Excessive Heat An Increasing Concern in Workers Comp: WCRI

By Allen Laman | June 20, 2024

With temperatures pushing above 90 degrees in parts of the Midwest and Northeast United States this week, many American workers are clocking in during what AccuWeather described as an “intense heat wave that is impacting more than 135 million people.”

When it heats up, workers can adapt. Employers adopt safety measures to protect employees from both the direct and indirect effects of extreme heat, and both state and federal governments offer recommendations for how to deal with scorching conditions.

“However, there are still concerns that these adaptations, behavioral changes and recommendations may not fully reduce the effects of excessive heat,” Sebastian Negrusa, the Workers Compensation Research Institute’s chief research scientist, said during a recent heat-related webinar.

Excessive Heat Increases Frequency of Work-Related Injuries

In a new study, WCRI found that compared to temperatures between 65 and 70 degrees, the overall number of work-related injuries increased between 5% and 6% when the daily maximum temperature rose above 90 degrees.

Graph Courtesy of WCRI

This finding was based on National Oceanic and Atmospheric Administration temperature data from 24 states during the months of May to October through the years of 2016 to 2021. That information was then merged with workers’ compensation claims data.

The direct effects of excessive heat are physiological; they include heatstroke, fainting, cramps and fatigue. Indirect effects of extreme heat manifest as a decline in psychomotor, perceptual or cognitive tasks, which could, for example, cause a worker to fall off a ladder.

Excessive Heat Becoming More Common

According to the CDC, between 1981 and 2021, the annual number of excessive heat days from May through September has become more frequent in parts of the South, Midwest and Northeast.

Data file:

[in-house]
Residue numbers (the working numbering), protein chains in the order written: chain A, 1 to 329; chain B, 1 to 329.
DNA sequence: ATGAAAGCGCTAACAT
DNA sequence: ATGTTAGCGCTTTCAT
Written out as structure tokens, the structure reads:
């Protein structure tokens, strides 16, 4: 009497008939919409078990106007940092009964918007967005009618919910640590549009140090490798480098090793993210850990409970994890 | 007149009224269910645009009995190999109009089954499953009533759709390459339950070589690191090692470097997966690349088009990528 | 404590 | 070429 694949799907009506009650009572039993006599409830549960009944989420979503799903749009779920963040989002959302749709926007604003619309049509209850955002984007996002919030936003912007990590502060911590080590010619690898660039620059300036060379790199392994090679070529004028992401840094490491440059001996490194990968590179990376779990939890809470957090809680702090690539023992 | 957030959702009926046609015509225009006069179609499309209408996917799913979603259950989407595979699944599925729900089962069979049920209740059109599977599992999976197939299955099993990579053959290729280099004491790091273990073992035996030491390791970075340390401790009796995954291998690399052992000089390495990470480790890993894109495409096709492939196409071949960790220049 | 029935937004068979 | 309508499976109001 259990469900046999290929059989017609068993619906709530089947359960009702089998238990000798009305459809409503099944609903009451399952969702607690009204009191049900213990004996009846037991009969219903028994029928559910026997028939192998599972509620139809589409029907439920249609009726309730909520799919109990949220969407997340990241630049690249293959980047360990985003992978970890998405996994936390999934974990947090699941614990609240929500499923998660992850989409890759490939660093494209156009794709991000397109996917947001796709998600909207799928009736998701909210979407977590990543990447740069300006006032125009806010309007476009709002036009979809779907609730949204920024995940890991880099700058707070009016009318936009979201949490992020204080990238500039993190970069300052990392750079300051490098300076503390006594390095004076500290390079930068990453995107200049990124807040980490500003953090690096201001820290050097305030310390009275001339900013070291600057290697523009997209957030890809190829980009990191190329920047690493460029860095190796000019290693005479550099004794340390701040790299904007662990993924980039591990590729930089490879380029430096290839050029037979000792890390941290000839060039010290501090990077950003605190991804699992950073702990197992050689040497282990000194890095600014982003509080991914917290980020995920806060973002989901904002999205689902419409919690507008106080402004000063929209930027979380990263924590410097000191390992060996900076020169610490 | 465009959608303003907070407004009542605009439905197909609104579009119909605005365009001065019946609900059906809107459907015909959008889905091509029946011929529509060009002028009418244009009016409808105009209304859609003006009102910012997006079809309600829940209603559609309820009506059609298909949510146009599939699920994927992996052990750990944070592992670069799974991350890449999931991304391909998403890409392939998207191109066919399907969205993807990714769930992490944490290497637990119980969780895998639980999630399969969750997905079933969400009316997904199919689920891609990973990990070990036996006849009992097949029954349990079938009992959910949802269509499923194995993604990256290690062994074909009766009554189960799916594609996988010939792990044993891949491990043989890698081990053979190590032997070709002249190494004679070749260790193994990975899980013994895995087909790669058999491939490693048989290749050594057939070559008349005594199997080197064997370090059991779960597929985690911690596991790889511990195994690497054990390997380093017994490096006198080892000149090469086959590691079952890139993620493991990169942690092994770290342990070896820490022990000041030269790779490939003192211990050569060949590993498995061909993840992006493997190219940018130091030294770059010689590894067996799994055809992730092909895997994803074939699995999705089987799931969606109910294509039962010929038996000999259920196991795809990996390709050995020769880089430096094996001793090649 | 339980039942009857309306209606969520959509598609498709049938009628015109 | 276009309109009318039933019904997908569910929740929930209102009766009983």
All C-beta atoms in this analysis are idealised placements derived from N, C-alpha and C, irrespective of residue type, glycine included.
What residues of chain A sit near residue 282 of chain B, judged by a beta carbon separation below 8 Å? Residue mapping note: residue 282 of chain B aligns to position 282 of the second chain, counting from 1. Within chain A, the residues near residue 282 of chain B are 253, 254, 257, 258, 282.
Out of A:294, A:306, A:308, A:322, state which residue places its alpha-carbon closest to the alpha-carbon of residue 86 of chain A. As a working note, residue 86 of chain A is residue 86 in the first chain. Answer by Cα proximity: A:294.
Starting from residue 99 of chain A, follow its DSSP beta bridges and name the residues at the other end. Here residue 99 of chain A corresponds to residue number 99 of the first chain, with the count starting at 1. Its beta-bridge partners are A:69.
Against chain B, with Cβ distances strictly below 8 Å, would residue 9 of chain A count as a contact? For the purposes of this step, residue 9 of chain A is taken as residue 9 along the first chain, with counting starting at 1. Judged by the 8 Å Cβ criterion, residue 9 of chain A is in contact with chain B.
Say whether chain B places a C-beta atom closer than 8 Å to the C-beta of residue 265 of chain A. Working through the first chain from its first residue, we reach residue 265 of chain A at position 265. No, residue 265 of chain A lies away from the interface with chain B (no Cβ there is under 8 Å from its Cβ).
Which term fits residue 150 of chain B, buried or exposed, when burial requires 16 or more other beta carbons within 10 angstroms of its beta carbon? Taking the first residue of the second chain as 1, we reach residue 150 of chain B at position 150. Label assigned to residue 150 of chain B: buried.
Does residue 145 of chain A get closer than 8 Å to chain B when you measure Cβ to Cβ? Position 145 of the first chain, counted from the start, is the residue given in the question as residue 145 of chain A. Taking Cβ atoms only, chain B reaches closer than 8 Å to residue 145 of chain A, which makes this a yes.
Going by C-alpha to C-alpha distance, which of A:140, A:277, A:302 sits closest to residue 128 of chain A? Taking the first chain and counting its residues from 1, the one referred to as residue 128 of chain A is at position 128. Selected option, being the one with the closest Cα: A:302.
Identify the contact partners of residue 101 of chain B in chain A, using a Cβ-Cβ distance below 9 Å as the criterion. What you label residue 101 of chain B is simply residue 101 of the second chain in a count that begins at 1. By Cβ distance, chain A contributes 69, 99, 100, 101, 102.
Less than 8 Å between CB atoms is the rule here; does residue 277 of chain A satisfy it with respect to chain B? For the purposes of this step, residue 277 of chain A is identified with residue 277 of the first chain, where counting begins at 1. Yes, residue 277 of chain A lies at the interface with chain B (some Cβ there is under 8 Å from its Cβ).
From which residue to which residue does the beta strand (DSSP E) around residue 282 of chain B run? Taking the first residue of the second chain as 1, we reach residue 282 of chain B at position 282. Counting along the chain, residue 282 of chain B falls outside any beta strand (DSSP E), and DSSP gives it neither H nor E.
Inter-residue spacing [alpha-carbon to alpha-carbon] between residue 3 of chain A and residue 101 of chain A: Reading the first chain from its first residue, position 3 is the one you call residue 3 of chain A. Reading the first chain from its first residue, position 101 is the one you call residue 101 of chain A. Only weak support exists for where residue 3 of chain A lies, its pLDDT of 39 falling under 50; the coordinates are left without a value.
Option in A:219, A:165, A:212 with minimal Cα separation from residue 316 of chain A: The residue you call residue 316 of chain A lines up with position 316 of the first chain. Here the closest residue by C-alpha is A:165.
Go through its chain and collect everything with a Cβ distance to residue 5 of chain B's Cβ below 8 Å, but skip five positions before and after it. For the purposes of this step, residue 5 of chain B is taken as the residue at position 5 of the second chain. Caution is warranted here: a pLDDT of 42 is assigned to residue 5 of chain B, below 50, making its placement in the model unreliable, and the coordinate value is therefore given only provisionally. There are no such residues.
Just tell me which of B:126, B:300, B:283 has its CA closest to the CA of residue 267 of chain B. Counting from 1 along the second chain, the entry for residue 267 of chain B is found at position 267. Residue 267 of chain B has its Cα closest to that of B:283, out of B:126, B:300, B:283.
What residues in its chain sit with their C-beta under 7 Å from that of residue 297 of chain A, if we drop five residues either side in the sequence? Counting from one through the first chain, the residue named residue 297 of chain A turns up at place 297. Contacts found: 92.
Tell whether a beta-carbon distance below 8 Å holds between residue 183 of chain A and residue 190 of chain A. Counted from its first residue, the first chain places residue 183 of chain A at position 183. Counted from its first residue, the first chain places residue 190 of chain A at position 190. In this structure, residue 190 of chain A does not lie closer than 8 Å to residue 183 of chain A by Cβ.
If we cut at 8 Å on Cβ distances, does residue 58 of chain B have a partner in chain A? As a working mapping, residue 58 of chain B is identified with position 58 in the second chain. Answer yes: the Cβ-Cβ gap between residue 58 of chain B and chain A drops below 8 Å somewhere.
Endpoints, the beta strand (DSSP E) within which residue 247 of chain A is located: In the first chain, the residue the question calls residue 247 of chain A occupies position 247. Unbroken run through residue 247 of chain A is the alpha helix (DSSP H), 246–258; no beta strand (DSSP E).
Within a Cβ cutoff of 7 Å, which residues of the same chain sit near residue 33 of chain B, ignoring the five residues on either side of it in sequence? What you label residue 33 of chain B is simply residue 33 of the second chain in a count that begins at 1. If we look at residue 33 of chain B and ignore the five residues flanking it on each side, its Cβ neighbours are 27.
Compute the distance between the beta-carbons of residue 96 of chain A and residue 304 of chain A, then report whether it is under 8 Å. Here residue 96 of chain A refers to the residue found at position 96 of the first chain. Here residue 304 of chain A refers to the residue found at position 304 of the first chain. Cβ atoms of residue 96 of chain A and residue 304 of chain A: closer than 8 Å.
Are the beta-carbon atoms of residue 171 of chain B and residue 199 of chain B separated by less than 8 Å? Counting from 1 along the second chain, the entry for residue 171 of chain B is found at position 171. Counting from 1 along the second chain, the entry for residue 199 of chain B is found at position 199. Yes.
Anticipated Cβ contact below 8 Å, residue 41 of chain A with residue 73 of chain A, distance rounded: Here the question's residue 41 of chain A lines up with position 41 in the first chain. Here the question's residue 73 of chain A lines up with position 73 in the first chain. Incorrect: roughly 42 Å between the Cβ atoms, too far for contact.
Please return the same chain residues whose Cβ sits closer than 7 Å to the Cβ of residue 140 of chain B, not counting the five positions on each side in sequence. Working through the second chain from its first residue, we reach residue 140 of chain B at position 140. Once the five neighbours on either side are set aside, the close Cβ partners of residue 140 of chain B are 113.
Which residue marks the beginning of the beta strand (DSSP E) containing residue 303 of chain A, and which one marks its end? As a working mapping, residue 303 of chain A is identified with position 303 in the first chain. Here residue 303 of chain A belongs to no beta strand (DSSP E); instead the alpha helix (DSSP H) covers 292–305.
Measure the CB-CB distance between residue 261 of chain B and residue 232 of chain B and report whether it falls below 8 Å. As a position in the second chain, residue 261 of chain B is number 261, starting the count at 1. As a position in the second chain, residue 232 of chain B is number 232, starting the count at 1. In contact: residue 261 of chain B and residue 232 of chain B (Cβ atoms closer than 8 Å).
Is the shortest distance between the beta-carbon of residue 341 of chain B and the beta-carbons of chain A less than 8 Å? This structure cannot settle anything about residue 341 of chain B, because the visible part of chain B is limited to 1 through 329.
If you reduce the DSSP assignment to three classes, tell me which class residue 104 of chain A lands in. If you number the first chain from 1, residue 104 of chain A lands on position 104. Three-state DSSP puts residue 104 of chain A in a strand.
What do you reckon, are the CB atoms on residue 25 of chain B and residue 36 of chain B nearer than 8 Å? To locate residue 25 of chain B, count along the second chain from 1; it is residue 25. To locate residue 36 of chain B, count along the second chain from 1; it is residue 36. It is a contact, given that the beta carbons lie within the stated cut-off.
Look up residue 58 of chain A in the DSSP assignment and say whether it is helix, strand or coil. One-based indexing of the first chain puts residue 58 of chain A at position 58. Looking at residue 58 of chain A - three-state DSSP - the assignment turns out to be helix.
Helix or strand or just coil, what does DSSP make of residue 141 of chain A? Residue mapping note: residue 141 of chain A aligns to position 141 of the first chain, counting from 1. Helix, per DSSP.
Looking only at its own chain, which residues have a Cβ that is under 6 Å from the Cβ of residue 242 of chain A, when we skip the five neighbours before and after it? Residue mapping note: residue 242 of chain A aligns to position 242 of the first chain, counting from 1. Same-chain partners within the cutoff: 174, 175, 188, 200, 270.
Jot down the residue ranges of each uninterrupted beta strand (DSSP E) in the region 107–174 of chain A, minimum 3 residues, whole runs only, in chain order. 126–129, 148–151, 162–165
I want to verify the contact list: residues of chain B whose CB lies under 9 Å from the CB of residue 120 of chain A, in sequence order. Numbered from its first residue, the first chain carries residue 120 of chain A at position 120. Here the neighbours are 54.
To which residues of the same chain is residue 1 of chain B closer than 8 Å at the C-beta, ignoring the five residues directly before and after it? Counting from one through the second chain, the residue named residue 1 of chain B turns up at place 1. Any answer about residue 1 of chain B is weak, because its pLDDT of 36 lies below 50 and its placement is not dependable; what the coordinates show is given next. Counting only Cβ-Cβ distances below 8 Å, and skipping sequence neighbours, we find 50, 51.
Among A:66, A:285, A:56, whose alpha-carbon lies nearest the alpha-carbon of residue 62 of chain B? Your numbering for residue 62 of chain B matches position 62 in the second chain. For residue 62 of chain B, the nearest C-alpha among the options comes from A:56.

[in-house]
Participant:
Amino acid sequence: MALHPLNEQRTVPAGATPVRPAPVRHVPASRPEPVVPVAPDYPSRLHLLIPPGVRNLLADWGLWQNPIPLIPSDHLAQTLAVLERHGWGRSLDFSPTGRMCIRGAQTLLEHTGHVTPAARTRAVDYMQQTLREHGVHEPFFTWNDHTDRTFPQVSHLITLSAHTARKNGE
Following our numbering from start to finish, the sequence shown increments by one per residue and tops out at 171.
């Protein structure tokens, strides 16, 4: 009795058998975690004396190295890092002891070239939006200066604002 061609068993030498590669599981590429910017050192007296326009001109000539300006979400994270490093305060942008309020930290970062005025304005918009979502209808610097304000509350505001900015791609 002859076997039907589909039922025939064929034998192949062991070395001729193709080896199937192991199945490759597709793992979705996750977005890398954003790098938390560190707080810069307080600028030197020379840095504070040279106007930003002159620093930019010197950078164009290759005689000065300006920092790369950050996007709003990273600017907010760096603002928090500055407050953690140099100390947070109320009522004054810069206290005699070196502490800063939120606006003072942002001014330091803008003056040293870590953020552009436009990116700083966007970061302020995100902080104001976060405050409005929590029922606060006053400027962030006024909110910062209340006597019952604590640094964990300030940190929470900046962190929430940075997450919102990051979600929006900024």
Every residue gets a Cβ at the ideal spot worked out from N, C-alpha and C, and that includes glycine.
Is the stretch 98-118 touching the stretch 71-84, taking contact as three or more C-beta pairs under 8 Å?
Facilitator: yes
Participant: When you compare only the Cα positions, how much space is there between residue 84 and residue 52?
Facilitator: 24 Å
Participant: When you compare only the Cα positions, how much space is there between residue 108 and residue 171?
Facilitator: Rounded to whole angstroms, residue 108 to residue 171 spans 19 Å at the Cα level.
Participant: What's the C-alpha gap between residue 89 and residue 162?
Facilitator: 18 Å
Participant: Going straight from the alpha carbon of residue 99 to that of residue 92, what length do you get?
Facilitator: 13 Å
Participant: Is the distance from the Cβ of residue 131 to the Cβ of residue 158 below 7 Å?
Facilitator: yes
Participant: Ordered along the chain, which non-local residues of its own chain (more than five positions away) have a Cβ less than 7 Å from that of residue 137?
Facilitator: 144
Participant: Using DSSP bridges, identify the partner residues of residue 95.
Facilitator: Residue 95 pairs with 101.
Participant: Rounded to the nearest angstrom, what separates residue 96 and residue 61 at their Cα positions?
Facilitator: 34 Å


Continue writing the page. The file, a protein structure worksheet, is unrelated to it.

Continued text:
When analyzing their sample, WCRI researchers found that the South is the region driving the work-related injury count increase, with increases of between 9% and 11% when temperatures exceed 90 degrees. That increase was 8% in the Northeast.

Traumatic injuries, such as fractures, contusions and lacerations, are “much more likely to occur when workers experience excessive heat than [sprains] and strains,” Negrusa said. These traumatic injuries are consistent with events like ladder falls.

The full study can be accessed on the WCRI website.

Excessive Heat Expected to Break Soon

More days of 90-plus-degree weather are expected from Illinois to Maine. AccuWeather reported Wednesday that Washington, D.C., is forecast to hit triple-digits on Sunday — setting the daily record and marking the first time the nation’s capital passed 100 degrees in nearly eight years.

A cold front is expected to move into the Ohio Valley and Northeast late this weekend and early next week, though, bringing “slightly cooler conditions and lower humidity levels,” AccuWeather reported.

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